US Army Corps-Corpus Christi, Texas-converted
Corpus Christi, Texas
Key Team Members
John Saraceno, Structural Engineer Lisa Buntin, Structural Engineer
Description of Project
The existing structures at Corpus Christi Army Depot include 69 steel, reinforced concrete, wood and masonry buildings used for manufacturing, repair, storage, testing facilities, and office space. The steel buildings include large steel hangars for aircraft maintenance and pre-engineered steel buildings used primarily for storage. The reinforced concrete and masonry buildings include small reinforced concrete buildings used for storage and CMU buildings used for offices. The wood buildings include wood trusses in portions of Building 8 and other wood buildings used for repair and storage.
The original portion of Building 8 was constructed in 1942 and consists of four areas (Areas A, B, C, and D), which comprise 153,600 square feet of heavy wood trusses and timber columns. Area A has 33 regular trusses which span 100 ft in the east-west direction, supported between two wooden columns. Areas B, C, and D have 140 regular and cantilever trusses which span 50 ft in the east-west direction, supported by two wooden columns. Since 1942, the Army has added 34 additional areas onto the building, each with different structural framing and support systems.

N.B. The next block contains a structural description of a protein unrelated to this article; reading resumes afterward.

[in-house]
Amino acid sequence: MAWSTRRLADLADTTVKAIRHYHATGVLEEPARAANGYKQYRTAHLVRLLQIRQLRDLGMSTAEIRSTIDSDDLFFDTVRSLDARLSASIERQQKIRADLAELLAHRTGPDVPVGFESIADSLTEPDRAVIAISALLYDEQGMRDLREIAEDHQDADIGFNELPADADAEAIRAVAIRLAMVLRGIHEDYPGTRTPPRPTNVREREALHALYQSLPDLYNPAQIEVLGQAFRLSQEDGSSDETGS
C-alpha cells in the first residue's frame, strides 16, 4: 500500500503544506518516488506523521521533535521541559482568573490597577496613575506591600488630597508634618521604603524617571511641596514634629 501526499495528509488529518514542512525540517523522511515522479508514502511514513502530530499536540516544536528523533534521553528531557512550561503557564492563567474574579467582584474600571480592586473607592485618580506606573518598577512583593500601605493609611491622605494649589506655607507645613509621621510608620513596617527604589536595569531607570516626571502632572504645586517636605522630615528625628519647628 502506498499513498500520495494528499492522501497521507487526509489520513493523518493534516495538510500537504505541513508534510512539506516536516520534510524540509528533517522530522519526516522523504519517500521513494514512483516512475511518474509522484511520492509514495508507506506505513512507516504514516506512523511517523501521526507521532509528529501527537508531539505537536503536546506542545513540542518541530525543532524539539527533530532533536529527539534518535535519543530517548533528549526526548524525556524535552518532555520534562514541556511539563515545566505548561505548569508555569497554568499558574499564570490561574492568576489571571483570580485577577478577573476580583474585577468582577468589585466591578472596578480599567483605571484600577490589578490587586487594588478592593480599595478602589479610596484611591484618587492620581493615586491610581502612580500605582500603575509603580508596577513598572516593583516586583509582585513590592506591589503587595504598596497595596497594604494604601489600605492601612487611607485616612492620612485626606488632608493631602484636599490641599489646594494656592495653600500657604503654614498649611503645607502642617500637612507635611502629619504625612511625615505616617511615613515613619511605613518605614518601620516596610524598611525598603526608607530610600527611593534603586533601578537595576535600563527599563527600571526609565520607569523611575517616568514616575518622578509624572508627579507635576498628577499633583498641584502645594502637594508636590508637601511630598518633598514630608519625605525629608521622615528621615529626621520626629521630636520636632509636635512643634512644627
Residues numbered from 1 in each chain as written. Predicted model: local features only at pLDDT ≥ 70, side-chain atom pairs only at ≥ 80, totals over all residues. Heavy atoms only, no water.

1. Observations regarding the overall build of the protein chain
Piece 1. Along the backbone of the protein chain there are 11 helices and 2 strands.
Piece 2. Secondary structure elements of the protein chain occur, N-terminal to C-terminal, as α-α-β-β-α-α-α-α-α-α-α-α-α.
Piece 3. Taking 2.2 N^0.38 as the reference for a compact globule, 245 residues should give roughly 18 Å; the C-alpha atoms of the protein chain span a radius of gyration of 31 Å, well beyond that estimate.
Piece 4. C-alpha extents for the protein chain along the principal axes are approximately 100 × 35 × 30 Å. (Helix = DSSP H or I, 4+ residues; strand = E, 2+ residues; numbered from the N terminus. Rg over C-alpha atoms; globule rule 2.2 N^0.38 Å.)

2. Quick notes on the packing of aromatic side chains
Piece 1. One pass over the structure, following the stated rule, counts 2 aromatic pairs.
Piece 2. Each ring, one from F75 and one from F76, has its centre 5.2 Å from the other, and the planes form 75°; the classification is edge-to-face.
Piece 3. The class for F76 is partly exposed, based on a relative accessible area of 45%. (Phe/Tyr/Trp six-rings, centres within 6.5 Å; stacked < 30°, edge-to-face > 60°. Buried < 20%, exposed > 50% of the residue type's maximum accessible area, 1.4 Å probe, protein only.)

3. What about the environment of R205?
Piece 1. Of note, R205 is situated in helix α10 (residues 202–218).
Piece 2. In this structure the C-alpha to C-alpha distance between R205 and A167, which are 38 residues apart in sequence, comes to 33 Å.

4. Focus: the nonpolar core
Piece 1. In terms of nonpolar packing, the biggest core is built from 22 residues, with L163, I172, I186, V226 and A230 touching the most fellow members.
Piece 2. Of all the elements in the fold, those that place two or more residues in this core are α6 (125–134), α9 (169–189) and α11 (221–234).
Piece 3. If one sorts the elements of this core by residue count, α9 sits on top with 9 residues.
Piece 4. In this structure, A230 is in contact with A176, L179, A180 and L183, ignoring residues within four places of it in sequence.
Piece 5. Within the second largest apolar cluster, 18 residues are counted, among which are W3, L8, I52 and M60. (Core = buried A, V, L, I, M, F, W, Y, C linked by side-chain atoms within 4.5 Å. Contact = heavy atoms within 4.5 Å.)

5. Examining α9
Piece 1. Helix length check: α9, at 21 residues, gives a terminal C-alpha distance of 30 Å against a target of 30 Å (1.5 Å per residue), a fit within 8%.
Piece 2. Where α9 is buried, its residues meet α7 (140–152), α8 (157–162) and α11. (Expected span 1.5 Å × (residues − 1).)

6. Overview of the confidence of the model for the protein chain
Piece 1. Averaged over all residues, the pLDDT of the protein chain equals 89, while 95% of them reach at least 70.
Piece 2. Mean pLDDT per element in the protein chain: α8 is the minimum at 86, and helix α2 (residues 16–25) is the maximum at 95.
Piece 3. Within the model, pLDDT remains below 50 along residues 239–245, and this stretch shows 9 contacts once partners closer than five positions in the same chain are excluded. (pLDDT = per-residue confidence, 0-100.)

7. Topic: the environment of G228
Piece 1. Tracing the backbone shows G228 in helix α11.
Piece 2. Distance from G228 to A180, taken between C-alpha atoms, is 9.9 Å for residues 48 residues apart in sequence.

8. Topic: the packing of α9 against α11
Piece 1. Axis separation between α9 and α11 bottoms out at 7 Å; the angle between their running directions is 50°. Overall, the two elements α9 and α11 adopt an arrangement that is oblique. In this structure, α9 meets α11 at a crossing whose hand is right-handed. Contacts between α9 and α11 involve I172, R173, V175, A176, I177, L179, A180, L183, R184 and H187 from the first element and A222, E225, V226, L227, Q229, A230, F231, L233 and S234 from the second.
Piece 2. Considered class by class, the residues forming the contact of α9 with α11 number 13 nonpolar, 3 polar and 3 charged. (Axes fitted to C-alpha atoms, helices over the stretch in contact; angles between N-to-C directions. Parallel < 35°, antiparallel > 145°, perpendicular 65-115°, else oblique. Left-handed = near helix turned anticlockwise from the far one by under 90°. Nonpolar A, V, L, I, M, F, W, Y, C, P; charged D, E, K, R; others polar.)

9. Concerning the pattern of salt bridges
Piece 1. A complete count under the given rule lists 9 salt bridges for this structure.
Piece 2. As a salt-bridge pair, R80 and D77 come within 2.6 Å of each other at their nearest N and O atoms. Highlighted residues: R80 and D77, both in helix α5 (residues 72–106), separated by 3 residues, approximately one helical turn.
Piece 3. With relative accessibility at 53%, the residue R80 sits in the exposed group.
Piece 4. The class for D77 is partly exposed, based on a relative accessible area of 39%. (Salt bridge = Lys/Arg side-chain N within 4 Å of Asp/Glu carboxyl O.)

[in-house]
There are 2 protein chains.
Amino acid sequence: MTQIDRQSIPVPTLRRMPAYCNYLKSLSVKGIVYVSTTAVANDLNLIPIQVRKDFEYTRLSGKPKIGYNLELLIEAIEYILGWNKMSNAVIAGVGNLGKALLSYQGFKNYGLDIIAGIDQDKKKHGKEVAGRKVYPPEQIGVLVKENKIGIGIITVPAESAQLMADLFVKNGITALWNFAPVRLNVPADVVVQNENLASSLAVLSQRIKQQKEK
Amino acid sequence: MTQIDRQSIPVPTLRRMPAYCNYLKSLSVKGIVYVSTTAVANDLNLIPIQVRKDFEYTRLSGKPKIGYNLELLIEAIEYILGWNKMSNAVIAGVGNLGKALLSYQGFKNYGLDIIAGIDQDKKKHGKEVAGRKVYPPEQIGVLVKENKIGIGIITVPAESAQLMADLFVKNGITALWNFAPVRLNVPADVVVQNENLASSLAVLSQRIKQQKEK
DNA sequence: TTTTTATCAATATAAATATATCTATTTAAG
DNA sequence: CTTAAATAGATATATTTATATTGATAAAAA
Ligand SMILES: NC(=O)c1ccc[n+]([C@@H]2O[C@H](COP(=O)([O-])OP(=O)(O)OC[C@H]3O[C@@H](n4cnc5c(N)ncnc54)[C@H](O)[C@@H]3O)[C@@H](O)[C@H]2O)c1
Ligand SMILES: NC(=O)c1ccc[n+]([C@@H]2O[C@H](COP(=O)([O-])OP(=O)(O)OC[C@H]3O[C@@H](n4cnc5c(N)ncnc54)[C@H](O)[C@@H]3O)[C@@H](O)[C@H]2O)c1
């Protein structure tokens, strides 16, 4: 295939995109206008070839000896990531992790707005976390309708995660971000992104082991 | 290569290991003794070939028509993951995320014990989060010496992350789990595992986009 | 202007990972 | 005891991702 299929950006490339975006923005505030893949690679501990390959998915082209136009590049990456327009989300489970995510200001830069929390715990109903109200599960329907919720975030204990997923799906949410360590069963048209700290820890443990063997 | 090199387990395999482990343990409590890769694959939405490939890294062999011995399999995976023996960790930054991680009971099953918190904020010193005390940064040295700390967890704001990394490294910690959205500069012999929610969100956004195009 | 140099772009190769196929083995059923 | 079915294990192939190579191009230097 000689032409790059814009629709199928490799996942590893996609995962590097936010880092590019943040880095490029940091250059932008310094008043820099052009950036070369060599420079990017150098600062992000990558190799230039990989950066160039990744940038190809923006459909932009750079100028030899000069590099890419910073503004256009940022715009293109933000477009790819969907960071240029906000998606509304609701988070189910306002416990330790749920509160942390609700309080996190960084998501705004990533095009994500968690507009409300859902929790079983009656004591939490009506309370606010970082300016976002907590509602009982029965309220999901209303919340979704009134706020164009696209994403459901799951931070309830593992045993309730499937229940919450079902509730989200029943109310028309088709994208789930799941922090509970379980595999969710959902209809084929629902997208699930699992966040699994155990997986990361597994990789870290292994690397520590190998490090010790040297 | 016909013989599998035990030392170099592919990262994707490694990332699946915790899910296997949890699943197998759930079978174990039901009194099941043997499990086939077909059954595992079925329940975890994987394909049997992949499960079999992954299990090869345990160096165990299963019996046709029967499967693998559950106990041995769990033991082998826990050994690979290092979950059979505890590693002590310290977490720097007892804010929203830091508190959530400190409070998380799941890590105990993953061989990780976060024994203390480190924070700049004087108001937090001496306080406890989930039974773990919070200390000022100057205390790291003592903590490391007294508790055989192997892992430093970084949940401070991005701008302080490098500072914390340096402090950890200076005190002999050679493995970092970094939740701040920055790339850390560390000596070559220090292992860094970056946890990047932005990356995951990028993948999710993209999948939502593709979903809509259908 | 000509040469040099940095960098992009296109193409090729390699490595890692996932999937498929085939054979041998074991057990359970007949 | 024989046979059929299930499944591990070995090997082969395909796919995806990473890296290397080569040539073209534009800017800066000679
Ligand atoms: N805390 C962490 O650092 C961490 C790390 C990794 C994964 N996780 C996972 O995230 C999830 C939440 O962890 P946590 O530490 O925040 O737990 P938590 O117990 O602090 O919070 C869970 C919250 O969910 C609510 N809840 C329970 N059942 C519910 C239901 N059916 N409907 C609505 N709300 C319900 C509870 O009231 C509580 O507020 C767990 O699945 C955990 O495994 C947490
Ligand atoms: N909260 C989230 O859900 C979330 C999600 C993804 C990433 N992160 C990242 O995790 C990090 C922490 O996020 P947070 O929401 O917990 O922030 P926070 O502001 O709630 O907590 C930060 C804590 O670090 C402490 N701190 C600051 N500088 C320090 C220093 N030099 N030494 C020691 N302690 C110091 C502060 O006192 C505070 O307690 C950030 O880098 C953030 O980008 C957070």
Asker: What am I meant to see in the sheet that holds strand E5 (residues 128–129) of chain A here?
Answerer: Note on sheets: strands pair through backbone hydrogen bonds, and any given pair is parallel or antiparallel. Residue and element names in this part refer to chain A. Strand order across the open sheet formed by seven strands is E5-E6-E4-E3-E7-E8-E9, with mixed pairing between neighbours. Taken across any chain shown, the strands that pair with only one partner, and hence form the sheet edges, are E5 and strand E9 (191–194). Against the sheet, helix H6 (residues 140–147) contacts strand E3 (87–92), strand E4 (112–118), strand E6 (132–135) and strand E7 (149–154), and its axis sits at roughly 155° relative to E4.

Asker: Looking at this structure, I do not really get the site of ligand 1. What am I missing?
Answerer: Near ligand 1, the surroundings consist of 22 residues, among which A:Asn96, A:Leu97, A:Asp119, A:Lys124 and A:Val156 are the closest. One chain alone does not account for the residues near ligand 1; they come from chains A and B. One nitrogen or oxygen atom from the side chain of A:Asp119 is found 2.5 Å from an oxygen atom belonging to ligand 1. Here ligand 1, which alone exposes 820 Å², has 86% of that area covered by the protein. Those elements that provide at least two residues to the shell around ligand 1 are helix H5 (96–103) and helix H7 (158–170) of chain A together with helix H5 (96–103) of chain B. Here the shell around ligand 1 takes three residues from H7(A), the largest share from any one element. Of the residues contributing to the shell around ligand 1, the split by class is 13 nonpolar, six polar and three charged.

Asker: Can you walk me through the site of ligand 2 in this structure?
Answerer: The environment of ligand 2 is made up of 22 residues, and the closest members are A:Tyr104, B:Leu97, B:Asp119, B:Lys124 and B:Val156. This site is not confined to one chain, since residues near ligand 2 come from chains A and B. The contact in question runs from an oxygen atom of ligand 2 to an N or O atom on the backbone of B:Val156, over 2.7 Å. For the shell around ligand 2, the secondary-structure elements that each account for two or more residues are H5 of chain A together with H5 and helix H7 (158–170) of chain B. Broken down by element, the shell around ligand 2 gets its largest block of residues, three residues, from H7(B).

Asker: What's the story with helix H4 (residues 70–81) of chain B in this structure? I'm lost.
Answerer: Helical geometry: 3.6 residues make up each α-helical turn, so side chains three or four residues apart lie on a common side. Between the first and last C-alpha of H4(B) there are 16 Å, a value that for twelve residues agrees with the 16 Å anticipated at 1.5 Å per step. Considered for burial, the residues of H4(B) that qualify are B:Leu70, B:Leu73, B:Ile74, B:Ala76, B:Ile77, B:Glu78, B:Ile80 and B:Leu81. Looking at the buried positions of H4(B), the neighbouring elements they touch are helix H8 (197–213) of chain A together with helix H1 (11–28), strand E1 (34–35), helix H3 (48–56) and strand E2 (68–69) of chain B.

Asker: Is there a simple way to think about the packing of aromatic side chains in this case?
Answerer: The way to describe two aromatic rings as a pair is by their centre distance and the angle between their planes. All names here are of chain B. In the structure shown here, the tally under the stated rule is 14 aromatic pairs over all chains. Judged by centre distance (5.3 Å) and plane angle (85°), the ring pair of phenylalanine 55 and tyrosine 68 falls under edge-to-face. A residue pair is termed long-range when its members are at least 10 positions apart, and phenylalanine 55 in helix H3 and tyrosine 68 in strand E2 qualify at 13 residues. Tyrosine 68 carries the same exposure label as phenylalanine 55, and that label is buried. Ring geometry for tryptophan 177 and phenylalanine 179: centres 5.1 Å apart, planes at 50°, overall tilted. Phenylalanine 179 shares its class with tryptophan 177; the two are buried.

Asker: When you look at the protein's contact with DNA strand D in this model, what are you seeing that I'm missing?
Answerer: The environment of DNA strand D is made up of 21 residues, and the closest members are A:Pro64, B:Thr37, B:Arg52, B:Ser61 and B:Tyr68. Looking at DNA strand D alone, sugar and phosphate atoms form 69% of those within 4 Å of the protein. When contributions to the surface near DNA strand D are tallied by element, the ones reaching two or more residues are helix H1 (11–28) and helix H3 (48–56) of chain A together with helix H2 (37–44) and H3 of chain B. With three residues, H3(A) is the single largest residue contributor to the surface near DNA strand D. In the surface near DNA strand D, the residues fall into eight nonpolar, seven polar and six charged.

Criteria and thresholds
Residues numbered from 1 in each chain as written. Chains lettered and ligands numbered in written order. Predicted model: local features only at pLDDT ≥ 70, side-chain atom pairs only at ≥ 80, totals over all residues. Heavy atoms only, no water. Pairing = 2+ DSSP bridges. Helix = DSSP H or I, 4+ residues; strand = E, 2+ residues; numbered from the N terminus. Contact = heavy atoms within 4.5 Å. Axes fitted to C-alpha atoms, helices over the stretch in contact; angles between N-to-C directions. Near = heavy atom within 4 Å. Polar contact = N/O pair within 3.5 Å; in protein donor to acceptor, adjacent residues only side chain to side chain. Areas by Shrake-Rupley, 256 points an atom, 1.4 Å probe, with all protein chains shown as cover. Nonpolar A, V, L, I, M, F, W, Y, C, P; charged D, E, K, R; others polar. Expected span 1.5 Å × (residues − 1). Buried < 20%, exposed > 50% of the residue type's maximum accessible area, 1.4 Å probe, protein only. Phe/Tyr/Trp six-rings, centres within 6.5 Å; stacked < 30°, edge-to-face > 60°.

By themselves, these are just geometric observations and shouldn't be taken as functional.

Three different sizes of wood beams were tested in bending with and without CFRP. The first sample (1.375” x 5.5” x 36”) was tested with one CFRP layer in the longitudinal direction. The second sample (2.625” x 2.75” x 36”) was tested with one CFRP layer in the transverse direction. The third sample (2.75” x 5.5” x 36”) was tested with one CFRP layer in the longitudinal direction, and one layer in the transverse direction. The beams were loaded to failure, and the results were used to determine retrofit plans and specifications for the wood trusses in Building 8.
The scope of service for the structural inspections included:
- Field inspection and special feature inspections
- Inspection reports, required forms and memorandums
- Project management, document control, and QA/QC
- Develop and review retrofit plans, review and develop specifications
HBM focused on retrofit/repair schemes for the buildings that were considered most critical to the needs of the U.S. Government. The precedence of a structure was determined by the building’s use as required by the Army. Other factors affecting the prioritization of the retrofit/repair included the age of the structure and its estimated service life.
The areas in Building 8 consisting of heavy wood trusses and timber columns were analyzed using ASCE 7-05 and 7-10 to determine the stresses caused by the design wind speeds of 140 mph and 160 mph. This analysis was conducted due to the increased design wind speed of 160 mph in Corpus Christi, Texas in the updated ASCE 7-10 code.
The results from the bending tests were used to determine the increases in strength and ductility provided by the CFRP. This information was used to develop retrofit plans and specifications for the wood trusses in Building 8.